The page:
SCBWI Metro NY newsletter Spring 1998.
HIDDEN MESSAGES: The Strategic Use of Visual Elements to Tell a Better Story
As visual people, we artists respond intrinsically to the visual stimuli the world presents to us daily. We need to be aware that everyone responds to this stimuli on some level. Consciousness of these responses is very important when creating illustrations for picture book stories. You need to know the subtle, and not so subtle, messages you send to the viewer. The choices you make, instinctively or with careful consideration, can actually determine whether or not a particular piece, or a whole book, works or doesnt work. The more awareness you put into each choice of shape, size, placement and color the more easily your story will be "read." The strategic use of these visual elements can take the reader or listener further than words could ever do alone that is exactly the point of a picturebook experience.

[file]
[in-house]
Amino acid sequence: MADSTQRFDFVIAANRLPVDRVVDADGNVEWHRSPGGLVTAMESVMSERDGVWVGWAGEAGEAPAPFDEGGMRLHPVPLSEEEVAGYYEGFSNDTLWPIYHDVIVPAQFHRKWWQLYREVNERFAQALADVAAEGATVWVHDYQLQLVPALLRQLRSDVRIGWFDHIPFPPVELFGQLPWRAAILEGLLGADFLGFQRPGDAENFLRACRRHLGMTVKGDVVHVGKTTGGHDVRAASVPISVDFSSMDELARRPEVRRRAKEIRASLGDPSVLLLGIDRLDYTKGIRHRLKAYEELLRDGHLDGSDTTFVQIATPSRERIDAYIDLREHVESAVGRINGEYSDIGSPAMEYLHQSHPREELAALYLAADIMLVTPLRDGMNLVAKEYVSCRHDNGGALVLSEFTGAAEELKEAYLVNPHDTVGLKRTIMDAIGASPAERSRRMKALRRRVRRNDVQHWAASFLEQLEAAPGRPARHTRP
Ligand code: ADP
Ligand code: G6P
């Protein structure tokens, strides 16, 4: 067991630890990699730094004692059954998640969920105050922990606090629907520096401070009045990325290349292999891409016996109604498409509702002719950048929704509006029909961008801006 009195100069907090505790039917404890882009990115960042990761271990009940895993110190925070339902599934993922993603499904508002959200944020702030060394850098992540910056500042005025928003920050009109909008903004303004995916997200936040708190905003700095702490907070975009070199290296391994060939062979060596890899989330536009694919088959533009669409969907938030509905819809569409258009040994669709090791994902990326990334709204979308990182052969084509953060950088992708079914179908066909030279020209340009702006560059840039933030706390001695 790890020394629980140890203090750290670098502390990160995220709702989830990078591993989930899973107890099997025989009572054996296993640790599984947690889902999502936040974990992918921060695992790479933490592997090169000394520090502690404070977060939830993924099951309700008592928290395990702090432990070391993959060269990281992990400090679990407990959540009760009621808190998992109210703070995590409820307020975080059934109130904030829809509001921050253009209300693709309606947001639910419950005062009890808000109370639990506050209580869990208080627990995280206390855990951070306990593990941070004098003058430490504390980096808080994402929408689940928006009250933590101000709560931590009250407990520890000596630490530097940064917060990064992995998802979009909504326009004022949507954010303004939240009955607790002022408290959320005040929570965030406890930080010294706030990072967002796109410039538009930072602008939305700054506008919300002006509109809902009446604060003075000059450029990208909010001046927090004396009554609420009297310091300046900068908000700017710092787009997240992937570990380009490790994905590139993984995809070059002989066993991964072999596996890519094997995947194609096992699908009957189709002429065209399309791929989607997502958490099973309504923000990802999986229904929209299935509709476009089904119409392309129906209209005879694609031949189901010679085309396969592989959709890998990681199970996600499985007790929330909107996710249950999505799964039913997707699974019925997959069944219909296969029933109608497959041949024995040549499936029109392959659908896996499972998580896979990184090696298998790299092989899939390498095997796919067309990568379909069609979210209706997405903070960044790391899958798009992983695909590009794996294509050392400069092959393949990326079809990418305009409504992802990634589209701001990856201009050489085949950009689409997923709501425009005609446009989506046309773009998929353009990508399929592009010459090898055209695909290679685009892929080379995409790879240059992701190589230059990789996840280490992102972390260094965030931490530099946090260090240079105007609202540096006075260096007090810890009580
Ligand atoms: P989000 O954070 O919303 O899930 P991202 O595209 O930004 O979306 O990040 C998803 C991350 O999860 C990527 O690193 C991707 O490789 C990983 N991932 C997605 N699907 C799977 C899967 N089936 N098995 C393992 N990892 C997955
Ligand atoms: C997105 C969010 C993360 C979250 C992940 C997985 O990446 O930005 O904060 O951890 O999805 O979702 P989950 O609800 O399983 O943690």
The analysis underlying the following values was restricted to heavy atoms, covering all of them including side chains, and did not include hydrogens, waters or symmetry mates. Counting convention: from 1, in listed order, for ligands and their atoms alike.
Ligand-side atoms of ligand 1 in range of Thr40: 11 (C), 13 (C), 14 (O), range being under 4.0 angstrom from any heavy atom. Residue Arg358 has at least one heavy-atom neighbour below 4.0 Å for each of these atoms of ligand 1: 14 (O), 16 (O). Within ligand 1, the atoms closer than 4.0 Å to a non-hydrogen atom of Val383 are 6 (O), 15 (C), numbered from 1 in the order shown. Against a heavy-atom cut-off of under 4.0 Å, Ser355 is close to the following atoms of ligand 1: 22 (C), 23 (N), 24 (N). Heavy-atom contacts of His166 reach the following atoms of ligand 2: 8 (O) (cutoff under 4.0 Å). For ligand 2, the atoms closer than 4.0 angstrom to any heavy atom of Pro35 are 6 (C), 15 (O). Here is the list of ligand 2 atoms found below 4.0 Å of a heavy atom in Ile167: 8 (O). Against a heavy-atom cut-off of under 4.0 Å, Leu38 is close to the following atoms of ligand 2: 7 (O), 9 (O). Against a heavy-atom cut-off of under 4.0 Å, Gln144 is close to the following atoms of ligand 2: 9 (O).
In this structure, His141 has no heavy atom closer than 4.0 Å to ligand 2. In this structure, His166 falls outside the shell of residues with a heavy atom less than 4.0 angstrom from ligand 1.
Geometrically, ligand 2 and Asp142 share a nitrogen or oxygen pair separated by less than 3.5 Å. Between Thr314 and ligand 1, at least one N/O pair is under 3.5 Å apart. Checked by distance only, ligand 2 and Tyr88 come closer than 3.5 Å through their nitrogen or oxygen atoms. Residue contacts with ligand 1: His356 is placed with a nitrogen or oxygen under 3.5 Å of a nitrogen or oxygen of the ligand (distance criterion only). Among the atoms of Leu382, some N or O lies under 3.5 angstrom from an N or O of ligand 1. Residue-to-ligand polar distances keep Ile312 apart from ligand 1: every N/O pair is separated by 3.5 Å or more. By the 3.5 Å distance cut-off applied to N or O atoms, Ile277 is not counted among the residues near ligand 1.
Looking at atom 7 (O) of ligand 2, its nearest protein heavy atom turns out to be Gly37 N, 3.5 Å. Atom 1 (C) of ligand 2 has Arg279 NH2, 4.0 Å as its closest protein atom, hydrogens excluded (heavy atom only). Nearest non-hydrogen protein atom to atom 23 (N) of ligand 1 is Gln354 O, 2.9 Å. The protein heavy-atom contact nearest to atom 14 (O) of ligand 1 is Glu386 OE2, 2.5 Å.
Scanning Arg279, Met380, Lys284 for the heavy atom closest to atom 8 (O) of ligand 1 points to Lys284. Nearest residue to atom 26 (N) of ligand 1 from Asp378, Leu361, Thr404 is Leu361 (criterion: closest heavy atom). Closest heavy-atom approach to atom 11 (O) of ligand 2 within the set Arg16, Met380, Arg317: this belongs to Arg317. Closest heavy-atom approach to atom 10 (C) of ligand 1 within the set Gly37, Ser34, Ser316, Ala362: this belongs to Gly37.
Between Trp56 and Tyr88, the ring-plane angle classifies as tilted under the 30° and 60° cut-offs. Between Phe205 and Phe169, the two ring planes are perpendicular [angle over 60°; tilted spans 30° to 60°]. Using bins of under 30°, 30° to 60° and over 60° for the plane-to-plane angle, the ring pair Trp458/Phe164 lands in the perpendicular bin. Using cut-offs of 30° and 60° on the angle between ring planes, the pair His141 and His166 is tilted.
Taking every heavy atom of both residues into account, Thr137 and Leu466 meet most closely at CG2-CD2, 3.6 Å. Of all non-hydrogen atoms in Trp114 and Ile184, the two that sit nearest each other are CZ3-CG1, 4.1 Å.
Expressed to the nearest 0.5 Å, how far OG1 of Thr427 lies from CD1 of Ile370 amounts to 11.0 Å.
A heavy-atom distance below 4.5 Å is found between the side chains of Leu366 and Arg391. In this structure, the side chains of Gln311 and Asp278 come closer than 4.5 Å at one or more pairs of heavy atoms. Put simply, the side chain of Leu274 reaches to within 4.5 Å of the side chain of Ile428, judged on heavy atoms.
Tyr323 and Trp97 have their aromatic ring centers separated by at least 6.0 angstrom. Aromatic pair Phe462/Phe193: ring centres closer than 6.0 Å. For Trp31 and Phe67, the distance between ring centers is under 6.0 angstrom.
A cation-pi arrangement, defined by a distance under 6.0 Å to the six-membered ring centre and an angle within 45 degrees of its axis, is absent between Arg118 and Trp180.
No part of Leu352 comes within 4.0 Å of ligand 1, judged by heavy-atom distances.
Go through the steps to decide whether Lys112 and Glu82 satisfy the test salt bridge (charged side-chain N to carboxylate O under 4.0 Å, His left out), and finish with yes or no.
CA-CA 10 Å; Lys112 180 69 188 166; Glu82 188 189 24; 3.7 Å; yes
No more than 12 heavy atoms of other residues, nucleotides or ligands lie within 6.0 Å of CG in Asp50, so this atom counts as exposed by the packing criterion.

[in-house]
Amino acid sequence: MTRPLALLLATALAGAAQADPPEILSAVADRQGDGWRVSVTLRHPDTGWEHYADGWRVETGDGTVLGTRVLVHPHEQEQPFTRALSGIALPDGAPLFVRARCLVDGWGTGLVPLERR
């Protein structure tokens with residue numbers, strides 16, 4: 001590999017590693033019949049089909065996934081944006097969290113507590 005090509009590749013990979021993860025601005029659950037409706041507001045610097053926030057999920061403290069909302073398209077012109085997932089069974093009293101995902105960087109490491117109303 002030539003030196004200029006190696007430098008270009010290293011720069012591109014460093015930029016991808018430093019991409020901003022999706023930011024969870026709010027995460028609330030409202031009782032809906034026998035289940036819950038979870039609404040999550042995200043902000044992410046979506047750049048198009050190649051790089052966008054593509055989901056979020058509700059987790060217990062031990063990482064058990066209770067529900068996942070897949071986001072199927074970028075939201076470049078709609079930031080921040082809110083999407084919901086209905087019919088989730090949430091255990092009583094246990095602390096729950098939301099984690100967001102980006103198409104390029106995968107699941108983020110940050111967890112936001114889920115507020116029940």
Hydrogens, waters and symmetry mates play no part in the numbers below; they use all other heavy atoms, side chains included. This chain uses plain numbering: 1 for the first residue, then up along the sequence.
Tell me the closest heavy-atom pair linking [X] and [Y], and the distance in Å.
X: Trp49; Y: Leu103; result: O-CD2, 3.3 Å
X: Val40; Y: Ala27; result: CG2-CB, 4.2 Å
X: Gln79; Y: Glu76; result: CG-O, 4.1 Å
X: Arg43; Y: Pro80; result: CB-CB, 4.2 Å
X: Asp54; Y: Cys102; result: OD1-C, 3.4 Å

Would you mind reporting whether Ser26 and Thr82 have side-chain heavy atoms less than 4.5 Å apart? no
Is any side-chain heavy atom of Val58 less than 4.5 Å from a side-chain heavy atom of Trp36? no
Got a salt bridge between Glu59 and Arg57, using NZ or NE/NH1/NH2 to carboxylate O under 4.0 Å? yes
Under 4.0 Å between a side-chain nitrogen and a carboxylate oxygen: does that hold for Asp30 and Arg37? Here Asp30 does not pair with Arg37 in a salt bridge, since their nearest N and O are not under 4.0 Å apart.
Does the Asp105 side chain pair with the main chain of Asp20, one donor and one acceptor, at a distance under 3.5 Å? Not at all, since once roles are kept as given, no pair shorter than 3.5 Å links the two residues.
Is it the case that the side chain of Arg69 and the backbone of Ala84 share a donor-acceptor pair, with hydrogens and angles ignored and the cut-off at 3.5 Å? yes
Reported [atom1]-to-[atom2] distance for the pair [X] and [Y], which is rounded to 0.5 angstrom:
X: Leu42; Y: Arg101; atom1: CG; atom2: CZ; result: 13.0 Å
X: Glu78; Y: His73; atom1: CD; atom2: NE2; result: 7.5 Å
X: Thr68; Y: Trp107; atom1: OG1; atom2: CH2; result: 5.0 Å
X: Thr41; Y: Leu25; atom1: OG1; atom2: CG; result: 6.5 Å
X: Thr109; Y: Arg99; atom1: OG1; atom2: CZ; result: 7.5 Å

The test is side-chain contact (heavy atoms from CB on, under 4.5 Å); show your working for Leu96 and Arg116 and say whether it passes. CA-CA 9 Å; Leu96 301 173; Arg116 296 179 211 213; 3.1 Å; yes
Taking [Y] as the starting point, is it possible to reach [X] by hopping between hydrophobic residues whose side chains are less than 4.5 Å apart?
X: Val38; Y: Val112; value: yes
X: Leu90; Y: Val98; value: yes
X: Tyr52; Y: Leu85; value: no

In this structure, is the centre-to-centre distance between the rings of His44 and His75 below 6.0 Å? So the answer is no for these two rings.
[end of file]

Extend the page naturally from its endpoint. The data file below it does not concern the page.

A decade ago, while studying art therapy at the graduate level, I became re-sensitized to the psychology of art with its hidden messages and personal responses. All artists apply their emotionality to shape, size, placement and color to evoke the viewers understanding of their personal views and messages. Whether the image is highly realistic, completely abstract, or any where in between, these same basic elements are used to capture attention and cause a reactive response.
To illustrate this point, Id like to suggest studying a book I happily discovered years ago and just pulled out again. PICTURE THIS by Molly Bang (Little Brown, though it is out of print now library!) is a wonderful study of the visual perceptions and the abstract elements of composition that artists can use and manipulate to better tell a story. The book is full of simple and effective examples about the "message" differences that placement, colors and the size of shapes can exploit. The book, filled with "tricks of the trade", is an interesting study of how a picture works.